This comment about Andrey Arshavin, made to Sky Sports by Nigel Winterburn (apparently), speaks volumes about his future at Arsenal:
“It does look at times that he doesn’t want to be in this country and I think the way that the winning goal was set up for Manchester United – you expect a player in that position to have focus and make it hard for the winger.”
For the manager to (a) effectively blame Arshavin for Manchester United’s winner and (b) speculate that he is not happy in England is a clear statement that the pocket Russki’s time at the Emirates is up.
It is unlikely he will go before the end of January (although I would not be completely surprised if that happened). But there is no way he will be here for the start of next season.
And when you factor in the damaging psychological impact of the booing that accompanied his appearance in Sunday’s game, his departure may be best for all concerned.
It’s bad timing for little Andrey, what with panto season coming to an end and all that, but no doubt we’ll make a few bob on him when he goes (or a few roubles, more likely).
It’s sad, really.
I know that the majority of the booing was directed at the boss and his decision to remove our most dynamic attacking player rather than at Andrey himself, but it still must have felt to Arshavin like a knife in the guts.
Or as if someone had stolen his plate of borscht.
For a man whose confidence was already lower than John Terry’s morals, it just served to push him further into the rut he’s been in for the best part of a year.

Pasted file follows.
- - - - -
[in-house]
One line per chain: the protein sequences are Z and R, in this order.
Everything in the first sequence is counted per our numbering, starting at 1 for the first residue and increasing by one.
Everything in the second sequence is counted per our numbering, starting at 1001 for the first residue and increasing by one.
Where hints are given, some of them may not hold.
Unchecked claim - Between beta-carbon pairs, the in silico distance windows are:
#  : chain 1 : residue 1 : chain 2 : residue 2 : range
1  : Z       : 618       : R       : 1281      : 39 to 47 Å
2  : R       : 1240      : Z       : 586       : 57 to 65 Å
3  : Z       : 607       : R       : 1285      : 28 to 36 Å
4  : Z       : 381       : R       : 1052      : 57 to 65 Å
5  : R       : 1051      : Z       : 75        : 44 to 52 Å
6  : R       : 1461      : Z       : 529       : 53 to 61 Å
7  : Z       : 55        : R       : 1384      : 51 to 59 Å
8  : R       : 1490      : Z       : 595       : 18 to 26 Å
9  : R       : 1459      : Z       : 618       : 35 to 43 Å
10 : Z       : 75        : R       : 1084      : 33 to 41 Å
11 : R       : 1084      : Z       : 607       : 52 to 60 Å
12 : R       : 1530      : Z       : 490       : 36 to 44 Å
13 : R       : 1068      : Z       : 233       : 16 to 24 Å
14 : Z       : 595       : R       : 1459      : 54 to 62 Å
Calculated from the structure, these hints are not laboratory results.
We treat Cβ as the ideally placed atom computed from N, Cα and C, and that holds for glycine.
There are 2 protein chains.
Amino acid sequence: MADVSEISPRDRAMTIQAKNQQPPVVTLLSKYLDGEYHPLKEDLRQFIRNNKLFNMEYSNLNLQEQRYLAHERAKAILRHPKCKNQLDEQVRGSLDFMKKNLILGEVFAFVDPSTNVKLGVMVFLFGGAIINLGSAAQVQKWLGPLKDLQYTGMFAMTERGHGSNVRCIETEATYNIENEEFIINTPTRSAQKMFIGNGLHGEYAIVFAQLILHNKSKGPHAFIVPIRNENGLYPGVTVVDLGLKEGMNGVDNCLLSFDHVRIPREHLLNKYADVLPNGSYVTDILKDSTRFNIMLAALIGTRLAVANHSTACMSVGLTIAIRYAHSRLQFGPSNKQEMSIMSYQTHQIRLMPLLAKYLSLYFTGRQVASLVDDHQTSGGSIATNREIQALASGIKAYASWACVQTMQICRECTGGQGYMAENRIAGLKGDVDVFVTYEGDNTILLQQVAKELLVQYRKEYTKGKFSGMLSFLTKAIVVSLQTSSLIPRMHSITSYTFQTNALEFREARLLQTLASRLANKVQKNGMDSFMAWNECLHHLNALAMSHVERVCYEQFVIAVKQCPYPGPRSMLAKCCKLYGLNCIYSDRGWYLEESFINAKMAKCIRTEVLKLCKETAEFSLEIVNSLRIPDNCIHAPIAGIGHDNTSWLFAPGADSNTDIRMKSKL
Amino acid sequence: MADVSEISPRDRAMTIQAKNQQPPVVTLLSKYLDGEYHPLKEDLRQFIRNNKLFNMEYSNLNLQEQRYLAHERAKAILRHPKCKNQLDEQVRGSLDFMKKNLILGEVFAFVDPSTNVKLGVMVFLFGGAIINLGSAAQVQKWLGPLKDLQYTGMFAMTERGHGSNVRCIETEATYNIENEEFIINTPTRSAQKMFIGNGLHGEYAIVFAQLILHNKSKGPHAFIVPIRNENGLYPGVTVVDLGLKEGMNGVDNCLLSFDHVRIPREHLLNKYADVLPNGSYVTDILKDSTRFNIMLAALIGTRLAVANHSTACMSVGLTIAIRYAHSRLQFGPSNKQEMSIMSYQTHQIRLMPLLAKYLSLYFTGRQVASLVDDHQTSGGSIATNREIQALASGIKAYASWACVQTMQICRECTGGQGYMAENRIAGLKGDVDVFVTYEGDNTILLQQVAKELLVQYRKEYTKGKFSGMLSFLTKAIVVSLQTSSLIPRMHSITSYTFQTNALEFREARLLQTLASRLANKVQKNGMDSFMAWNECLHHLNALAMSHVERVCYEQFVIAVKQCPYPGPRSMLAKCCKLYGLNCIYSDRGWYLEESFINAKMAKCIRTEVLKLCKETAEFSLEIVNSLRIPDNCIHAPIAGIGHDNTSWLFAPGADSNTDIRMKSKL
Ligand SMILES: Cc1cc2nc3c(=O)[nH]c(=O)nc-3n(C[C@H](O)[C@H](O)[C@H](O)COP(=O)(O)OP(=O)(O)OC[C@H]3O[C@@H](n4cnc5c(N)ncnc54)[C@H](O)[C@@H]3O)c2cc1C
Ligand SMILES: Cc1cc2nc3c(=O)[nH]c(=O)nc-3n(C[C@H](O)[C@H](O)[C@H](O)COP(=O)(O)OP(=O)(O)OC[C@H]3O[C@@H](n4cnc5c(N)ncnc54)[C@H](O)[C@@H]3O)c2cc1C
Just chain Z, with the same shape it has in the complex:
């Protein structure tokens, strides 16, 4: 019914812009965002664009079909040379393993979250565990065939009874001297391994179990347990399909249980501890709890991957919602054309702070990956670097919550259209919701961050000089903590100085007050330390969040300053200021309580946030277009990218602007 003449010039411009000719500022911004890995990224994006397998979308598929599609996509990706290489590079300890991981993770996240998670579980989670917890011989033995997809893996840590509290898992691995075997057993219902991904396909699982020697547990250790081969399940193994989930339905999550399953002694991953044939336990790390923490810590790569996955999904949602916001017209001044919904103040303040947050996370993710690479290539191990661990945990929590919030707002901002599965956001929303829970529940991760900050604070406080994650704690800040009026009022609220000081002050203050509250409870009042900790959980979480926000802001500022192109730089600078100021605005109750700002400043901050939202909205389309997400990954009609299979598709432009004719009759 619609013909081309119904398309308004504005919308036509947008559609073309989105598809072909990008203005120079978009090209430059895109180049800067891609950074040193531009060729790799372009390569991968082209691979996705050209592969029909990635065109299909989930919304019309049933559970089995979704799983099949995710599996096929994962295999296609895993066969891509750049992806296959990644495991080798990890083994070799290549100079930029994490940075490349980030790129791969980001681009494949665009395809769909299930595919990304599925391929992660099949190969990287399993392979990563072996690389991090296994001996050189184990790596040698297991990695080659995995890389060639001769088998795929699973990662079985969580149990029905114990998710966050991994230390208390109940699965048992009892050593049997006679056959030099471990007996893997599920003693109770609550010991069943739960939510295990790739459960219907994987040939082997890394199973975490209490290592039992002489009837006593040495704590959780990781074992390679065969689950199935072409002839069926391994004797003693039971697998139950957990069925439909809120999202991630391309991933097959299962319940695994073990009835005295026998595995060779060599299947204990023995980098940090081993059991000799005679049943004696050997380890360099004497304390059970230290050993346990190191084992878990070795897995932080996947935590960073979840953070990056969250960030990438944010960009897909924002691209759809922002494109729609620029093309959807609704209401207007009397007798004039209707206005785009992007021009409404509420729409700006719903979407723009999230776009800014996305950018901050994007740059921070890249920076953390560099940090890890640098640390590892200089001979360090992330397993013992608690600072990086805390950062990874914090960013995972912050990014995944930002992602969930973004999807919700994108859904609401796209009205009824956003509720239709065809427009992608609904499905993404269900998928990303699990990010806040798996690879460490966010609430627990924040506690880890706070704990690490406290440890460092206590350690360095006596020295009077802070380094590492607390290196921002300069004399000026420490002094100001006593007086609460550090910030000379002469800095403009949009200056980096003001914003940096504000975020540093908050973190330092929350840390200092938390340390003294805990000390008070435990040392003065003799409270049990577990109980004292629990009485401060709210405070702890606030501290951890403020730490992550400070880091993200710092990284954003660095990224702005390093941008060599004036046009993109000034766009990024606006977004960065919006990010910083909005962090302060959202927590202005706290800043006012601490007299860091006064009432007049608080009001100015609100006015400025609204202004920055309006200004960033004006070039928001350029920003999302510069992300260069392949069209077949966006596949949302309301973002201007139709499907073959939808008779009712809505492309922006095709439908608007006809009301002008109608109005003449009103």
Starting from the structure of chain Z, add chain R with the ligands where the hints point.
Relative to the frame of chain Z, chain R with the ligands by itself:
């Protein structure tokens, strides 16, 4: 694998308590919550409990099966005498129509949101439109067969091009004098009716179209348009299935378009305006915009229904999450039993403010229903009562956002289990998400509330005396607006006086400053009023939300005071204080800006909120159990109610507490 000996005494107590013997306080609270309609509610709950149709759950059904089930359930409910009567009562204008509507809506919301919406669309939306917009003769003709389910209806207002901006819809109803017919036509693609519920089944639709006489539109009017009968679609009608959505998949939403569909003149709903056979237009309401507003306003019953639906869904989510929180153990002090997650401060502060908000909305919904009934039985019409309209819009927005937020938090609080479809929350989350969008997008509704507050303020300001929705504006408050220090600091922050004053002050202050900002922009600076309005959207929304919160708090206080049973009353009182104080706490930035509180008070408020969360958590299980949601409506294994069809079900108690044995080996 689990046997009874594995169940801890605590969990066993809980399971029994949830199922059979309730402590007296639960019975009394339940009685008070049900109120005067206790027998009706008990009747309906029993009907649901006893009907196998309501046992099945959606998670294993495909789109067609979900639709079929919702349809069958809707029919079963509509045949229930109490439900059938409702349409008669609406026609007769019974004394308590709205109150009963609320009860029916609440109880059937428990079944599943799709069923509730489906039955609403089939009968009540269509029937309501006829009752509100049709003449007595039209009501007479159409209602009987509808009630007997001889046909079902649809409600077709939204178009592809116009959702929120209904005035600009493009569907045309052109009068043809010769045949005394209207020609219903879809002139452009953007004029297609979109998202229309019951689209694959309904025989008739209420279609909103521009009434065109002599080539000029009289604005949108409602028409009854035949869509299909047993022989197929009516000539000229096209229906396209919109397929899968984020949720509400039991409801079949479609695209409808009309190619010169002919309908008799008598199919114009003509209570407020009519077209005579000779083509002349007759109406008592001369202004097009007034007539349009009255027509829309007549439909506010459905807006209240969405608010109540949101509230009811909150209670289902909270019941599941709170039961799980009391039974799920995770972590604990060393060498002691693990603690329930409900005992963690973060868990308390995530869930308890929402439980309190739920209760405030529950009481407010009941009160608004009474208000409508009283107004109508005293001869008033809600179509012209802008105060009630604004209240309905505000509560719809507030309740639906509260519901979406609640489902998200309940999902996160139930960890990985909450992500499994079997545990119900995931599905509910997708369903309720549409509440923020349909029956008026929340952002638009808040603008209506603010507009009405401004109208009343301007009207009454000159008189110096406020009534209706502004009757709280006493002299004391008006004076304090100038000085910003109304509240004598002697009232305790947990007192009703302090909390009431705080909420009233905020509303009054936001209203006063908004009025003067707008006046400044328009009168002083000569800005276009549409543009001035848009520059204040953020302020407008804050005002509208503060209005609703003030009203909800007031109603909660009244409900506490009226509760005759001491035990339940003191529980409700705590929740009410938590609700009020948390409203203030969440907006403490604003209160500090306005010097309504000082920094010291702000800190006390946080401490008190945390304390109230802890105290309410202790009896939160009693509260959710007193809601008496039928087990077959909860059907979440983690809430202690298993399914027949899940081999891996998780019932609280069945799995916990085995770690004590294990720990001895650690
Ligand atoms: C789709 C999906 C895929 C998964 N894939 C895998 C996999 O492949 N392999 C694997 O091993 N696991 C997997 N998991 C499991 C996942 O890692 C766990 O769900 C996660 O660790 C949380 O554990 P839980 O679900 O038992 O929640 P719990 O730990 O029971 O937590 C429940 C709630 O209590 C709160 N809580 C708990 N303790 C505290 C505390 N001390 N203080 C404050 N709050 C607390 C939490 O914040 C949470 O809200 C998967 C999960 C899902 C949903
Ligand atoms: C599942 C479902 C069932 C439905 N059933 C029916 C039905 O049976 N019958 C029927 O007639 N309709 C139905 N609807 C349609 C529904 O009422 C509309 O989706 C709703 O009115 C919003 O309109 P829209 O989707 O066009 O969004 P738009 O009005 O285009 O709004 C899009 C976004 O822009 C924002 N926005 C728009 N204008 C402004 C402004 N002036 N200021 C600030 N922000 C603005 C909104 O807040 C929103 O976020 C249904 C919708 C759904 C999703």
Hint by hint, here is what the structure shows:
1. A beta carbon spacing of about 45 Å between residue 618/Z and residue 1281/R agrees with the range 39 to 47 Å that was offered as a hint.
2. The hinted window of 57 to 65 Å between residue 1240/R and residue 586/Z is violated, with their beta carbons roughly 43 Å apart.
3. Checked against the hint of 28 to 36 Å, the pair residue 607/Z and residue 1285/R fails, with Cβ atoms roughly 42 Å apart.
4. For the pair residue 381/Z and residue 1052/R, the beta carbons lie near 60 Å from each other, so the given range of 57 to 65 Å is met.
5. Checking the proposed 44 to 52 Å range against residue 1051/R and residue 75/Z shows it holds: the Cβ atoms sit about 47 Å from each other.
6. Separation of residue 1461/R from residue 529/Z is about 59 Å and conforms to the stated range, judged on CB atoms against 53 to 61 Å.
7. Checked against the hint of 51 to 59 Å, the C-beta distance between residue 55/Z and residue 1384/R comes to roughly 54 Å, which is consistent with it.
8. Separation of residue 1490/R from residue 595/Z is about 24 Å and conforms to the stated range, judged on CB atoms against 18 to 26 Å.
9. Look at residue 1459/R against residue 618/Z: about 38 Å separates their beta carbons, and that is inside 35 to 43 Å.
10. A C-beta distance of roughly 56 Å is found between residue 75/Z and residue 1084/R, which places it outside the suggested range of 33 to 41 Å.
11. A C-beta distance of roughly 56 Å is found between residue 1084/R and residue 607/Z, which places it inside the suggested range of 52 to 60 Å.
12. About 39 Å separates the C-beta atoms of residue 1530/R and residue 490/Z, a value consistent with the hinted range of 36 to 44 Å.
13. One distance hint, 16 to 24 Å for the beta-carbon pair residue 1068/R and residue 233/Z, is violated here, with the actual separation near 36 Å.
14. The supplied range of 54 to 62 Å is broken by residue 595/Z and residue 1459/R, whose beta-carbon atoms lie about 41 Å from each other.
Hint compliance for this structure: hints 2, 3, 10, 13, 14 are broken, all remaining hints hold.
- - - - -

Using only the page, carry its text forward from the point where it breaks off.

In the past I have written posts speculating that Andrey was about to rediscover the form that saw him put four goals past Liverpool at Anfield; that he would fire into life and be the secret weapon to catapult us to silverware; that the departure of Fabregas and the Fat French Benchwarmer would provide the perfect opportunity for him to step up and fill the “class” gap.
I was wrong.
As secret weapons go, Andrey has proved to be as deadly as a sawn-off bath bun. And there’s been no firing into life – just more and more damp squibbery (not to be confused with damp squillacery, which is a whole other category of offence).
However, I don’t think that Arshavin’s poor form is solely down to lack of confidence and/or homesickness.
For some reason a lot of Russian players seem to peak early (around the age of 30). Andrei Shevchenko was the best striker in the world when he joined Chelsea, but quickly became an also-ran.
Sergei Rebrov was also a very good player before he went to the Theatre of Screams, but never achieved a high level there or afterwards. Pavlyuchenko remains a bit part player.
And even though Arshavin is captain of Russia, his performances for the national side have attracted a lot of criticism in his homeland over the last two years.
In other words, I think he is over the hill; he will be 31 in May and his powers are waning. Some top players can stay at a high level well into their 30s, but not many Russians do.
Arsène Wenger, with all his statistics and record-keeping, must know this and will surely offload him while we still might get some money for him.
He was a great signing when he arrived and he has given us some fantastic moments (that goal against Barcelona will live for ever in the memory) but it is time to say “do svidaniya”*.
*Russian for “goodbye”.